Galavant - This is impossible to recommend to my friends! It's a TV show that's a musical about a knight and fairytale tropes... and it's really funny. I did get them into Hamilton, though, so there's hope for our ass, after all.
Forever - The show's premise was so unique for me, and Henry's relationship with Abe was just... I loved this show.
Limitless - I'm not sure if this was actually a good show or if I just had a soft spot for Jake McDorman since he played Evan Chambers on Greek.
Selfie - I have a thing for modern adaptations, even if I haven't seen the source material. Plus, John Cho!
Grandfathered - Such a ridiculous, adorable family. 
Telenovela - It felt like behind the scenes of The Passions of Santos at first, but Ana and Mimi and the rest of the cast and crew really grew on me.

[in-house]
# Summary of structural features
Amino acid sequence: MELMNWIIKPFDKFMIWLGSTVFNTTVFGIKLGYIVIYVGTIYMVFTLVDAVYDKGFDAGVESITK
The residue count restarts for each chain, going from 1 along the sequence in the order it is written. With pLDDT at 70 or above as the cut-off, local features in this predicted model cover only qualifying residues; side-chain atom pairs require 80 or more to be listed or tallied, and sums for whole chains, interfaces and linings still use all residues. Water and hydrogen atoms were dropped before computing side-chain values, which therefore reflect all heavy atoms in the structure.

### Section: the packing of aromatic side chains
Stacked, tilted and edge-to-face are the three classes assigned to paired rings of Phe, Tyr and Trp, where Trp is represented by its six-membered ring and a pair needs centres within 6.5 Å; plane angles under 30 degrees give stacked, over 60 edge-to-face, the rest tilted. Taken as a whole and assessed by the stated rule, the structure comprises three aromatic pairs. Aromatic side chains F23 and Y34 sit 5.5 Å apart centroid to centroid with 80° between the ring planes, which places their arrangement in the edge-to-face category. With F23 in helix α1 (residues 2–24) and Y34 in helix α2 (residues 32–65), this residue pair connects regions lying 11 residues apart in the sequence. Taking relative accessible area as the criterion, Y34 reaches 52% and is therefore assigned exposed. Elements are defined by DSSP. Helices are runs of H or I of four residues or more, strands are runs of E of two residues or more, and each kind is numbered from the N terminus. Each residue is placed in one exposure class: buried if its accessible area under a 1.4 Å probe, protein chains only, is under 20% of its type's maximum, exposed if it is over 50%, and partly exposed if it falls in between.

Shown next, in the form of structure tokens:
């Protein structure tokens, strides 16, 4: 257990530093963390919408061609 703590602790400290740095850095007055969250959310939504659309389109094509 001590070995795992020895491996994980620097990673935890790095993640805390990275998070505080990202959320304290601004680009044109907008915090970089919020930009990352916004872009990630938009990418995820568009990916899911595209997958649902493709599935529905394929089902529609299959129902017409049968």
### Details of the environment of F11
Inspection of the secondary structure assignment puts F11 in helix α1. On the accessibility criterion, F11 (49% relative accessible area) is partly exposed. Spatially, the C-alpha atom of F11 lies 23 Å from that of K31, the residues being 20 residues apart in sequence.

Make It Or Break It - This was one of the things I bonded over with my first college friend. I think she gave me a CD of the episodes. It's so frustrating how they didn't even get to film the Olympics episodes.

Top ten favorite shows of all time: 
White Collar - I got into it for Matt Bomer, but the art heists and forgeries made it a lot more interesting to me than any other crime-related show. And Mozzie was the best.
Elementary - I haven't actually kept up with this, but every episode I've seen so far has been great. Sherlock and Watson have a great relationship, and the whole Moriarty twist was amazing. 
Greek - Just. All the friendships. Wow.
Jane the Virgin - This is so important to me because it's probably the most Catholic show on TV and it portrays family in a way that's very familiar, even if Jane and her family are from a different culture than mine. Also, that narrator. 
Parks and Recreation - Leslie Knope is the greatest and I want to grow up to be like her. Jean-Ralphio is iconic.